Three weeks ago Zoe Williams wrote a piece in The Guardian on her opinions of breastfeeding and routines for babies. We weren't comfortable with the piece because it made several factual errors, and we wrote to The Guardian in response. Our letter wasn't printed, but we'd like to make it public so you can read it. It's worth noting that Kate Evans penned an excellent follow-up also for The Guardian, which you can read here.

This is the letter from Best Beginnings:

Dear Sir/Madam

We are writing to you from Best Beginnings, the child health charity committed to working collaboratively and informed by evidence to help reduce health inequalities in the UK.

We are deeply concerned that in Zoe Williams' article "Welcome to Parenthood" (G2, June 29), she suggested that the promotion of breastfeeding in this country is based on misleading information. In fact, Ms Williams’ article itself contains errors and misinformation.

Both international and national evidence is now incontrovertible – babies who are not breastfed are more likely to develop a range of short, medium and long-term health problems including early respiratory infections, gastrointestinal illness, type 2 diabetes, higher blood pressure and total cholesterol (Howe et al 1990; Horta et al 2007; Ip 2007; Quigley et al 2007), and their mothers will have an increased risk of breast cancer and gallbladder disease (Collaborative Group 2002; Liu 2009).

In addition to these very well founded health benefits, and as Ms Williams herself says, millions of women find breastfeeding an enjoyable experience, good for both them and their baby. Indeed, further research shows a positive relationship between parenting, attachment and breastfeeding, particularly in families with health inequalities (Gutman et al 2009).

The challenge is to enable women to breastfeed in a culture that is not supportive. Many people – particularly from low income communities where breastfeeding rates are low – have little experience of seeing family and friends breastfeed, making it unfamiliar and less acceptable to them when they decide how to feed their own children.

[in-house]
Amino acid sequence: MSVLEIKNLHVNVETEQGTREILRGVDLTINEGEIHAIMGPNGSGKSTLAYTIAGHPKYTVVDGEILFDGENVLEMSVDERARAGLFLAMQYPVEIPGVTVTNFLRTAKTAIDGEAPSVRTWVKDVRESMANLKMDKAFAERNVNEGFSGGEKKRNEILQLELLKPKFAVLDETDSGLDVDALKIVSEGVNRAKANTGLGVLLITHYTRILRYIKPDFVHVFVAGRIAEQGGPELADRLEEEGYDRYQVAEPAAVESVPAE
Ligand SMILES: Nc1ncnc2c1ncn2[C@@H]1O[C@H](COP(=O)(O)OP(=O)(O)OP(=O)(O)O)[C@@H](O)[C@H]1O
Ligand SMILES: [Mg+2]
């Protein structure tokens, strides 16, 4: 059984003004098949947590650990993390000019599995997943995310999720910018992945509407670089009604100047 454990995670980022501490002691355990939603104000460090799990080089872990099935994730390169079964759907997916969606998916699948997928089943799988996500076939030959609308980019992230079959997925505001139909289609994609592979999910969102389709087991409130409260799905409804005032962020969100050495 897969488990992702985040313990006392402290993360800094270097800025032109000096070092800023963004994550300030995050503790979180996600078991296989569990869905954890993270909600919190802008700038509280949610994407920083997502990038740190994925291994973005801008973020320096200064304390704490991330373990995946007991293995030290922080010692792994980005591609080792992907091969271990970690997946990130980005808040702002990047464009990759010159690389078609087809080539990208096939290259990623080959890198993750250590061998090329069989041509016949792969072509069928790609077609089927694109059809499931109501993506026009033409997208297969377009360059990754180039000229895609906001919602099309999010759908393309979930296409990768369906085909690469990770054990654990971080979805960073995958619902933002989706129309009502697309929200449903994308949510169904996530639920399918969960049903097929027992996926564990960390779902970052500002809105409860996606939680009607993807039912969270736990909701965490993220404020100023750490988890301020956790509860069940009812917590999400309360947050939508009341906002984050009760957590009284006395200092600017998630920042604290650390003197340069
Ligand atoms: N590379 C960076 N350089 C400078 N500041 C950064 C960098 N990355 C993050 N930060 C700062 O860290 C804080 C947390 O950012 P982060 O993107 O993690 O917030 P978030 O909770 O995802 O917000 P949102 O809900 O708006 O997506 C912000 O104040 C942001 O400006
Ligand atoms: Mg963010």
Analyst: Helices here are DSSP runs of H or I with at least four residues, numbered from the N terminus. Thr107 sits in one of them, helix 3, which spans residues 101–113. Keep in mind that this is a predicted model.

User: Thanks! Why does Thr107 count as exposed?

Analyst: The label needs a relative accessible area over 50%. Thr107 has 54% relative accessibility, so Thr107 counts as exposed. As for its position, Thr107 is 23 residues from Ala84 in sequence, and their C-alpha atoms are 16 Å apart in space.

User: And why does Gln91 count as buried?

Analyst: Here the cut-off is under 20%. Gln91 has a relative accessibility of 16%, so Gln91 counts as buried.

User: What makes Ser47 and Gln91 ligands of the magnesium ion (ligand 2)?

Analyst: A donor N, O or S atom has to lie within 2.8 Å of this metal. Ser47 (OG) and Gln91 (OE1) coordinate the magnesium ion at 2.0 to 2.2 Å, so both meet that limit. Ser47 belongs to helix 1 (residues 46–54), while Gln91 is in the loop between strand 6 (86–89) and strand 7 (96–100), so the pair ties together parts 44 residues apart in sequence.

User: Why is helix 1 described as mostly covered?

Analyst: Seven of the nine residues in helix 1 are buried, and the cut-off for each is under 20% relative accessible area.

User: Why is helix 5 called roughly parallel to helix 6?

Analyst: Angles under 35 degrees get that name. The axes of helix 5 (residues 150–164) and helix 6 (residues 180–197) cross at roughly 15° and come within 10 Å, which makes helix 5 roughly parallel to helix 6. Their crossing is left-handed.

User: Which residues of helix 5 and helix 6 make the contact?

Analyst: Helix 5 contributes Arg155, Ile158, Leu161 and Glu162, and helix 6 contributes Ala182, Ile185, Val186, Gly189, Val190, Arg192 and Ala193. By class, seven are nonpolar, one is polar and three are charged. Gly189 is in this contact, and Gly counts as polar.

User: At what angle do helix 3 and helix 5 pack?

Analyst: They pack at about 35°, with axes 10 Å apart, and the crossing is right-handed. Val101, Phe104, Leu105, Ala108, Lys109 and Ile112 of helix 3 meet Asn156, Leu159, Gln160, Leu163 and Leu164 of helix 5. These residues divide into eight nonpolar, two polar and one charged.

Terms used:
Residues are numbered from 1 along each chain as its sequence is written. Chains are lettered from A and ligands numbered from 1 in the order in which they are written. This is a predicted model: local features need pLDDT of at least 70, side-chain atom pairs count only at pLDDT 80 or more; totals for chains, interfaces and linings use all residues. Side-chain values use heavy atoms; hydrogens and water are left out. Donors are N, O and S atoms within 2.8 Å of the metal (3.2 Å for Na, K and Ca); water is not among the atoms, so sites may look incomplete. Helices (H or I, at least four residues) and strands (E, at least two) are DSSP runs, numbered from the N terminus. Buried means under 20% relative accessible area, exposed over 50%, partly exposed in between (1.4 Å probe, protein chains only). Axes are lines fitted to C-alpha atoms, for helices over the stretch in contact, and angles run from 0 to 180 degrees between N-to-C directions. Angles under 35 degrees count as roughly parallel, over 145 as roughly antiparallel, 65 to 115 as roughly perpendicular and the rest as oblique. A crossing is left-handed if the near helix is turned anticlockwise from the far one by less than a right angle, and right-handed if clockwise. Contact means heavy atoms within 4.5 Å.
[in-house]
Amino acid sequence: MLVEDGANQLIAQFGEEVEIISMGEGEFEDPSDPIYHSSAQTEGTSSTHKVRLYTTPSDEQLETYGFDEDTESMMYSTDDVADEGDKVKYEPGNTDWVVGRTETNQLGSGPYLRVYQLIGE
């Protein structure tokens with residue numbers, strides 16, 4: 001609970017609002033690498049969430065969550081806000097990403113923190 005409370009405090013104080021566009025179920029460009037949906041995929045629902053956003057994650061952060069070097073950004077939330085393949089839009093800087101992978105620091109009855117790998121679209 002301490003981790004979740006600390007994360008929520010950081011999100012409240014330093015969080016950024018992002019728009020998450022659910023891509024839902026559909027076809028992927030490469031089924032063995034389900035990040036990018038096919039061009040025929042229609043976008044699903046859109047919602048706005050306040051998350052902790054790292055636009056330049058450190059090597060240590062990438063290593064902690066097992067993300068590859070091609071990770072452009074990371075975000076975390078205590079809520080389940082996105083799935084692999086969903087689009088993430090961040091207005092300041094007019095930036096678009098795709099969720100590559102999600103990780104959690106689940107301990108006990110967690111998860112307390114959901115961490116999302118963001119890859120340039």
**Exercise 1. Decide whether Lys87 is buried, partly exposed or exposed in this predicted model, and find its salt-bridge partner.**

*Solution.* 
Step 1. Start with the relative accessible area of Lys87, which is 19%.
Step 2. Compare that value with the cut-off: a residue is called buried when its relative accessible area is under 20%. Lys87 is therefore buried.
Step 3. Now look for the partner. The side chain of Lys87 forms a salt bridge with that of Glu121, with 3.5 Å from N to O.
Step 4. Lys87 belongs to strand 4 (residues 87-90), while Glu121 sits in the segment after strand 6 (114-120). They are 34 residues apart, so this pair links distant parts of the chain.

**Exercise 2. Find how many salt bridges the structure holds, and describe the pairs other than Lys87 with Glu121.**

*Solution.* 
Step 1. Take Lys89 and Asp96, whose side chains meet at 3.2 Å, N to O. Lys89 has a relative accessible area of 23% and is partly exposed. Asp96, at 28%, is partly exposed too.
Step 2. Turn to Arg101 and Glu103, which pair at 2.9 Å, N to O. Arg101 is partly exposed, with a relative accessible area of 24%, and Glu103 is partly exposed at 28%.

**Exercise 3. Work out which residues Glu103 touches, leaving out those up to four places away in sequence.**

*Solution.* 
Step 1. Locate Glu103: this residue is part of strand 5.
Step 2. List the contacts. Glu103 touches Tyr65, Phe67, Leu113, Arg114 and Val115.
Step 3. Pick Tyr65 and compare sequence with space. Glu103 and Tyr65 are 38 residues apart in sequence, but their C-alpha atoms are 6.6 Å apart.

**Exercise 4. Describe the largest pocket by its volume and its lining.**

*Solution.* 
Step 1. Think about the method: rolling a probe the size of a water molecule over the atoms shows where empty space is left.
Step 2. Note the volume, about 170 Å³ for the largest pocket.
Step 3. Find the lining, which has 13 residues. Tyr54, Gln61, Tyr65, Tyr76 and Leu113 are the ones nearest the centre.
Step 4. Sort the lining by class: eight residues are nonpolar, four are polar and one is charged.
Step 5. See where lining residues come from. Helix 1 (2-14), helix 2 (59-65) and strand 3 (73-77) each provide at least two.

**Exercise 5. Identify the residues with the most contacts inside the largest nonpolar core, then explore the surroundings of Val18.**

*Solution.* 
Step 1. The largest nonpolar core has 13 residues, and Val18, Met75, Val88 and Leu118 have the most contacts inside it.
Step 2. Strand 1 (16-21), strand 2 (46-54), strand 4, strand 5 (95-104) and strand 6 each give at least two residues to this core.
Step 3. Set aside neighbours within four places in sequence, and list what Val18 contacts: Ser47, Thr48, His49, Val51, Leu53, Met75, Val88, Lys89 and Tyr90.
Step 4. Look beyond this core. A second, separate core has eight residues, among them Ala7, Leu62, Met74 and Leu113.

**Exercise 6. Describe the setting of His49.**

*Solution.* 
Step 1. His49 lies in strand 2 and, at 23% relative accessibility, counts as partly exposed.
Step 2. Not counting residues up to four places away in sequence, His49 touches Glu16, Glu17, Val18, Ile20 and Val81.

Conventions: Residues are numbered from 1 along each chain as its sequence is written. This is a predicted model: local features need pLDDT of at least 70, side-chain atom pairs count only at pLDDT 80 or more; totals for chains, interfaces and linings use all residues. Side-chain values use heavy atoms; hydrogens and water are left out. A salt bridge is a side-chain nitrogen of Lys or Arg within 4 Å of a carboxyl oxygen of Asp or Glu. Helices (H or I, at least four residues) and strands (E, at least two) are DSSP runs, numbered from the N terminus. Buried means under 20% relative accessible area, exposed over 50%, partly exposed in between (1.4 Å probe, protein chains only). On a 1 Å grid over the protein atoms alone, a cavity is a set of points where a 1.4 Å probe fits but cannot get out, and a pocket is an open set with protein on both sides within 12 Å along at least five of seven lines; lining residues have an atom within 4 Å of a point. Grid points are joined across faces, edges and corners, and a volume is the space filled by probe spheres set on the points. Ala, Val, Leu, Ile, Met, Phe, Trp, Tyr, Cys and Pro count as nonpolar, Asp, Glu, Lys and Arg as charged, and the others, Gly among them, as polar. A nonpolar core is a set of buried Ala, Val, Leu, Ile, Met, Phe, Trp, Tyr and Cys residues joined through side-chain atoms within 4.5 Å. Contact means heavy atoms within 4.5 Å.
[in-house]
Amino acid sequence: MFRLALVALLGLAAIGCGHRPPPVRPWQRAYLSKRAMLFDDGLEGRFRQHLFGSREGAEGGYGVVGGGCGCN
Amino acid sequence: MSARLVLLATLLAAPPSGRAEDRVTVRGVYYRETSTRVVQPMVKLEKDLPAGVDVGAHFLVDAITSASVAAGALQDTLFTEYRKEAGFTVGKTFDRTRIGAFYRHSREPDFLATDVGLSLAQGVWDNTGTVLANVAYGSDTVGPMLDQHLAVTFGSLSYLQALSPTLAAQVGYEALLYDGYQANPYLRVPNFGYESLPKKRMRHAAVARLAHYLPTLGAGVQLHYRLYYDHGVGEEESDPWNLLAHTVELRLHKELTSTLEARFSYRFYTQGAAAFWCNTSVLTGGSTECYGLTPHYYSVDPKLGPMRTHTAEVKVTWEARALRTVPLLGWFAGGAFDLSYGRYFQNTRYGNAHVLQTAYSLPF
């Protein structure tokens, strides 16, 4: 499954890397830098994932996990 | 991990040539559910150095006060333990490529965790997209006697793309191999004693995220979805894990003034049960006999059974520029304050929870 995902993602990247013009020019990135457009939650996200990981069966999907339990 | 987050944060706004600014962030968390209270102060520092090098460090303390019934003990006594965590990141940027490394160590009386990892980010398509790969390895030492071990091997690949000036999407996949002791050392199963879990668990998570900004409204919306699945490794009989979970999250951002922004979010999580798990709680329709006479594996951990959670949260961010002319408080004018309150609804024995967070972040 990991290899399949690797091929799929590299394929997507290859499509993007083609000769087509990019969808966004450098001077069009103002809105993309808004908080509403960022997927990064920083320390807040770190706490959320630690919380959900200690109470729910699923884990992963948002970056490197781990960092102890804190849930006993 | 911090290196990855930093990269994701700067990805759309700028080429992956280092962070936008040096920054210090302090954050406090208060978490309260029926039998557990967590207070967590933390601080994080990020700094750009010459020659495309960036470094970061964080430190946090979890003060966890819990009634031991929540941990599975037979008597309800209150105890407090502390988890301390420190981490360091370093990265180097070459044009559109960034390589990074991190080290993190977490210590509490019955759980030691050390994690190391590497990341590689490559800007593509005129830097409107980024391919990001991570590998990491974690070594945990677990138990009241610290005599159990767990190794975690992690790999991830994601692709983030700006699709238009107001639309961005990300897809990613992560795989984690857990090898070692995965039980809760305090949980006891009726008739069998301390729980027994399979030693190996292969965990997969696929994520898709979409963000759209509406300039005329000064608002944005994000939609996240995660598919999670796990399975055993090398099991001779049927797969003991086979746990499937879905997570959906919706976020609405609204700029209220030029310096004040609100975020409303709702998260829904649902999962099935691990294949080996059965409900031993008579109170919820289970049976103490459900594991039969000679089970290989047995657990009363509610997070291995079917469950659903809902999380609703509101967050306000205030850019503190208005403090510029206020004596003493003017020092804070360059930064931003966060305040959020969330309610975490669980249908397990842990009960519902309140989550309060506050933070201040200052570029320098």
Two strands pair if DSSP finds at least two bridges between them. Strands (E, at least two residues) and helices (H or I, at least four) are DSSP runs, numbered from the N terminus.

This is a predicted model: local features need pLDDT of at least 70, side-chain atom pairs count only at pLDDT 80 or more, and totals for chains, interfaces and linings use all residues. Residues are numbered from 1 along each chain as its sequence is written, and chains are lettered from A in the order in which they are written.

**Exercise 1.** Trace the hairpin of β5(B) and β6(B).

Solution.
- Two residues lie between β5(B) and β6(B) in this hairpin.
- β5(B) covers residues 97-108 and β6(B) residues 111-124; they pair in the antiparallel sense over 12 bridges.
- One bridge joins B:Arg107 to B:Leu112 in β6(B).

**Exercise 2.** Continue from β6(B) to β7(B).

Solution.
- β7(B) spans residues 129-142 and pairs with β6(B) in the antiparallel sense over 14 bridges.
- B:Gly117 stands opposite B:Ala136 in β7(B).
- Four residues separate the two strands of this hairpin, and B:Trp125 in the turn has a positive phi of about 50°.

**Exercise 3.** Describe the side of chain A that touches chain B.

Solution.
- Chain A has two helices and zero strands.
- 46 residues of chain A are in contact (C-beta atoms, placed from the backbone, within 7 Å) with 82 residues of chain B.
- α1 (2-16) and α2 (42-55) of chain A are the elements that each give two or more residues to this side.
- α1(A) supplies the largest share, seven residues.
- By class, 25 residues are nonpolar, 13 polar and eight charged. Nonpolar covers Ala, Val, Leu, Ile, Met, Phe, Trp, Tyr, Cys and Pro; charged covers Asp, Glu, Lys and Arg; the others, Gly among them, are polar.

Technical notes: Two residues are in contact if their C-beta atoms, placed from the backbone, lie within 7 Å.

One of the problems, as Ms Williams highlights, is the relationship between breastfeeding and attitudes to sexuality. As a result some women and men have conflicting feelings about the notion of breastfeeding, and women often feel exposed and embarrassed when feeding their baby in public.

Some key changes will make all the difference including improved training and education about breastfeeding for all health professionals, limiting the marketing of infant formula, and offering women information about breastfeeding and how to access the support they need. These changes will help ensure that all women can make choices about how to feed their babies and have a positive breastfeeding experience. Best Beginnings is working towards these changes as part of the charity's remit to help give all UK babies the healthiest start in life.

Babies' health is a real issue in this country and not just – as Ms Williams suggests – in other 'countries where they might not even have an assured water supply, sterilising equipment or electricity'. It is an alarming fact that the infant mortality rate in the poorest parts of the Midlands is six times greater than in affluent parts of Hampshire (DH, 2007).

We welcome a healthy and open discussion about infant feeding and all topics surrounding child-rearing, many of which are so hotly debated by parents across the UK. By understanding the evidence for why breastfeeding matters with support from health workers, the wider public and the media, new parents across the UK can make an informed decision about how they can make a real difference to their child's health.

For more information about Best Beginnings please visit the charity's website.

Yours sincerely,

Prof. Mary Renfrew, Professor of Mother and Infant Health, York University and Trustee of Best Beginnings

Dr Judith Meek, Consultant Neonatologist, UCLH and Trustee of Best Beginnings

Janet Fyle, Professional Policy Adviser, Royal College of Midwives and Trustee of Best Beginnings

Alison Baum, CEO Best Beginnings